are the westerners in our trekking group. From the left: Natasha, Mark,
Brenda, Fazal (the Pakistani guide), Jack, Dale and Pat.
Behind us is a spectacular view of K2 from Concordia. To the left of K2 is the much smaller peak Angelus.
Read more about trekking and Pakistan with Concordia
saw these little boys in the tiny village of Askole,
an hour from the end of the road and a full day's jeep drive from a
real town. This town had a strong Tibetan influence, which you may notice
in the clothing of the youngest child (in the arms of the oldest).
Unlike most of the children we saw, they were a
little dirty and unkempt. Most of the people we saw were neat and well
groomed, despite their living conditions. Without exception, the children
cook and waiter in a small roadside cafe on the jeep road. The two squatting
men are making chapatis, a tortilla-like
flat bread which is a dietary staple.
The other three are just hanging out having some
tea. All were very happy to have
their picture taken.
two little girls and boy were in one of the villages along the KKH. The
clothing on the girl to the left is the frillier, ruffled kind worn by
the youngest girls. The girl in the gold is a bit unusual in that she
does not have a dupatta or head scarf.
girl is typically dressed for girls and women in a very colorful shalwar
kameez and dupatta. Her shy smile was also typical - foreigners
are still foreign in Pakistan.
She is leaning against a pile of tires, the "sign"
for her father's tire shop along the KKH.
is one of our porters taking a break. He wears this shalwar kameez every day in sun, rain
Whenever the porters stop, they squat like
this, sometimes for a very long time. Westerners do not find this position
young porter was probably still a student, on a summer trip to see the
He is wearing the typical
trekking outfit, including the rubber shoes they are issued at the beginning
of the trek.
Imagine walking on the roughest trail you have
ever been on with these crummy rubber shoes that do not even have real
Imagine also that you are carrying 65 pounds of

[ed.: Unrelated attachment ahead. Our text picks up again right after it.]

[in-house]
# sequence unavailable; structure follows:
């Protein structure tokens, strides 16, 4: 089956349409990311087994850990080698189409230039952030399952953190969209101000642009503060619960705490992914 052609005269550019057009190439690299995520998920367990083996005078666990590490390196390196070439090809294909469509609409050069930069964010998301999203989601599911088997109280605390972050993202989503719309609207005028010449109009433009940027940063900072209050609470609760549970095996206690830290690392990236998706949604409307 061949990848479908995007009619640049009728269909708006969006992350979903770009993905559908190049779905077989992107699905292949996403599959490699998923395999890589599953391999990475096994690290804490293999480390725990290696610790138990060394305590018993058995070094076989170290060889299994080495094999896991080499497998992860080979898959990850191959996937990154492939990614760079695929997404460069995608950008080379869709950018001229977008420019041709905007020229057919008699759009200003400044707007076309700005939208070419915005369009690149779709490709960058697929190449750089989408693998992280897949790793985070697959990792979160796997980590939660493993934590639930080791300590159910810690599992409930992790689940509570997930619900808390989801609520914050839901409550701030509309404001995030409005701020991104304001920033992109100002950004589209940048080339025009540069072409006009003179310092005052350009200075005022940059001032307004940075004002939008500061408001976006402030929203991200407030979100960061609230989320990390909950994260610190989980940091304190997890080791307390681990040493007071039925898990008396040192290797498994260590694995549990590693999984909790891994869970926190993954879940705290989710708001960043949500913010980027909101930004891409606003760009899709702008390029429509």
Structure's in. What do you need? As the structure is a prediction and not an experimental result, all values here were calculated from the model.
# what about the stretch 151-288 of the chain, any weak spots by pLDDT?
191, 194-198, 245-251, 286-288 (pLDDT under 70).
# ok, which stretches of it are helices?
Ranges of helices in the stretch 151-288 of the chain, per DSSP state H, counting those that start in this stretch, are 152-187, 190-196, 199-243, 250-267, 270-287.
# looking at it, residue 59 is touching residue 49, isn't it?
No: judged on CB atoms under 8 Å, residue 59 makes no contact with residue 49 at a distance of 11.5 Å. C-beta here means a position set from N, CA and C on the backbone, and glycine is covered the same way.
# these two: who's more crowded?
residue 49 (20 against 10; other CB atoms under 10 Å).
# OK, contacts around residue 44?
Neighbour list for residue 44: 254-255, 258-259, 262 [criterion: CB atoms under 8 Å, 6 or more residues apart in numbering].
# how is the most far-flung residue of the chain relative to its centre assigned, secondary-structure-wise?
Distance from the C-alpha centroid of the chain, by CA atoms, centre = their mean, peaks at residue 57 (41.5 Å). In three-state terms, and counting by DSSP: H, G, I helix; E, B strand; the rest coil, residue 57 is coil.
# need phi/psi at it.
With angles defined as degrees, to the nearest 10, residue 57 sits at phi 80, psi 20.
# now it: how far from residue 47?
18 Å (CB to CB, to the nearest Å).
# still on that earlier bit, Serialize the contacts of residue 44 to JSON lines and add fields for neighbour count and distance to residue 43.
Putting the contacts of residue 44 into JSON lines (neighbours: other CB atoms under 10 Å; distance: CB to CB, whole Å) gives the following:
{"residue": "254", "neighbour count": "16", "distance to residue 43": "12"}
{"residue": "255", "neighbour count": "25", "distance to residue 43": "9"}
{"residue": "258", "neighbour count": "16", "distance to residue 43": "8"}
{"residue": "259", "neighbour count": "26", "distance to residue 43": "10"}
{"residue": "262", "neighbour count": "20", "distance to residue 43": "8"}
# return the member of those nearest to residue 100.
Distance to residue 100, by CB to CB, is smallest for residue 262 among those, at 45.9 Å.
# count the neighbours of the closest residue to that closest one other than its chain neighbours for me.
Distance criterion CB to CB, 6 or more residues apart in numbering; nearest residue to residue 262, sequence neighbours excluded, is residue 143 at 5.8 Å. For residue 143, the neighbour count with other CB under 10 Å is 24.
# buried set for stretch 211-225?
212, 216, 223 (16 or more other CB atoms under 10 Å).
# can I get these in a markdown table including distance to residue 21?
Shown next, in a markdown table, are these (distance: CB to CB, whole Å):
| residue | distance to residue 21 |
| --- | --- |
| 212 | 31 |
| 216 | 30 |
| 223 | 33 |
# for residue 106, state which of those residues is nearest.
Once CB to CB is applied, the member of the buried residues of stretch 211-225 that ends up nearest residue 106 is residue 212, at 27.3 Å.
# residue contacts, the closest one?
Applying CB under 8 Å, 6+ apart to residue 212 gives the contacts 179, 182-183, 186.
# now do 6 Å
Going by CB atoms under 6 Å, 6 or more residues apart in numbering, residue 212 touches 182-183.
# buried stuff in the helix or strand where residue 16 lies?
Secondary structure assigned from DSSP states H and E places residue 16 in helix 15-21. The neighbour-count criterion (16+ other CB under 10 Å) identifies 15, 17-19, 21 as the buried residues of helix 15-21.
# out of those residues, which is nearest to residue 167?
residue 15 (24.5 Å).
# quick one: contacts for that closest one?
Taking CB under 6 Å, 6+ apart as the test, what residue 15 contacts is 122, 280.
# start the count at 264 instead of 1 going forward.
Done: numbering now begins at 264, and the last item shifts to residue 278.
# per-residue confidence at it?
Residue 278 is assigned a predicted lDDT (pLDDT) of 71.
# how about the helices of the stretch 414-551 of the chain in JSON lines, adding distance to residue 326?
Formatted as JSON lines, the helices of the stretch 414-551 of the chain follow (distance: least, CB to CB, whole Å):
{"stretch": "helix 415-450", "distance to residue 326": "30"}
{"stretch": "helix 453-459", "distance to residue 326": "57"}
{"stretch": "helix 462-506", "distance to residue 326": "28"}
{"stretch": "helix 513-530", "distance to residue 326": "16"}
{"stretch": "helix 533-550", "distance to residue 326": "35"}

supplies! And - that you are the size
of Brenda, or smaller!
Another of our photogenic porters in the beautiful evening light at
Concordia. This one is gazing at Brenda, so she gazed back a bit through
the camera with his permission.
While they were never offensive about it, the porters seemed to find
the triple combination of Westerner, female, and blond almost
irresistible. Most Pakistani men still do not have much social
contact with women other than their mother, sisters and wife. It was
as if they were watching TV and Brenda had the fun experience of feeling
like a super model for three weeks!
Notice his shoes : he is lucky to have shoes like this instead of the
regular rubber issue.
of our older porters in Askole at the start of the trek. The man in the
white head scarf was 65 years old and carried the live
chickens in a crate strapped to his pack frame.
porters, most of them Baltis from
the Baltistan region, differed
from most westerners in another way - they were
extraordinarily cheerful! This one stopped along the way to sing.
They frequently sang in the evening and upon rising, even
in the snow storm.
the beginning of the trek, we had 52 porters and 6 other staff for 6
clients. Every few days, as we used up supplies, a few "extra"
porters would be released back to Thongol - a long walk.
This is the core group
of 20 porters plus 6 kitchen and guide staff who stayed with us through
the whole trek. Behind them is Broad
Peak, another 8,000m, from Concordia.
is John, the assistant guide, selecting goats for the group. He purchased
two, one for the porters and the other for the trekkers.
The goats were sacrificed at Paiyu camp to ensure
good luck on the trek.
are the porter backpacks with lightly padded shoulder straps, hard wood
or metal backboards, and no waist belt.
These guys are really tough (an
camp with the famous Nameless
tower in back, with the longest
granite face in the world. Our group and another group are organizing
loads and drying out after the snows higher up. Some tent sites are
small flat areas cleared from among the jumbled rocks on the glacial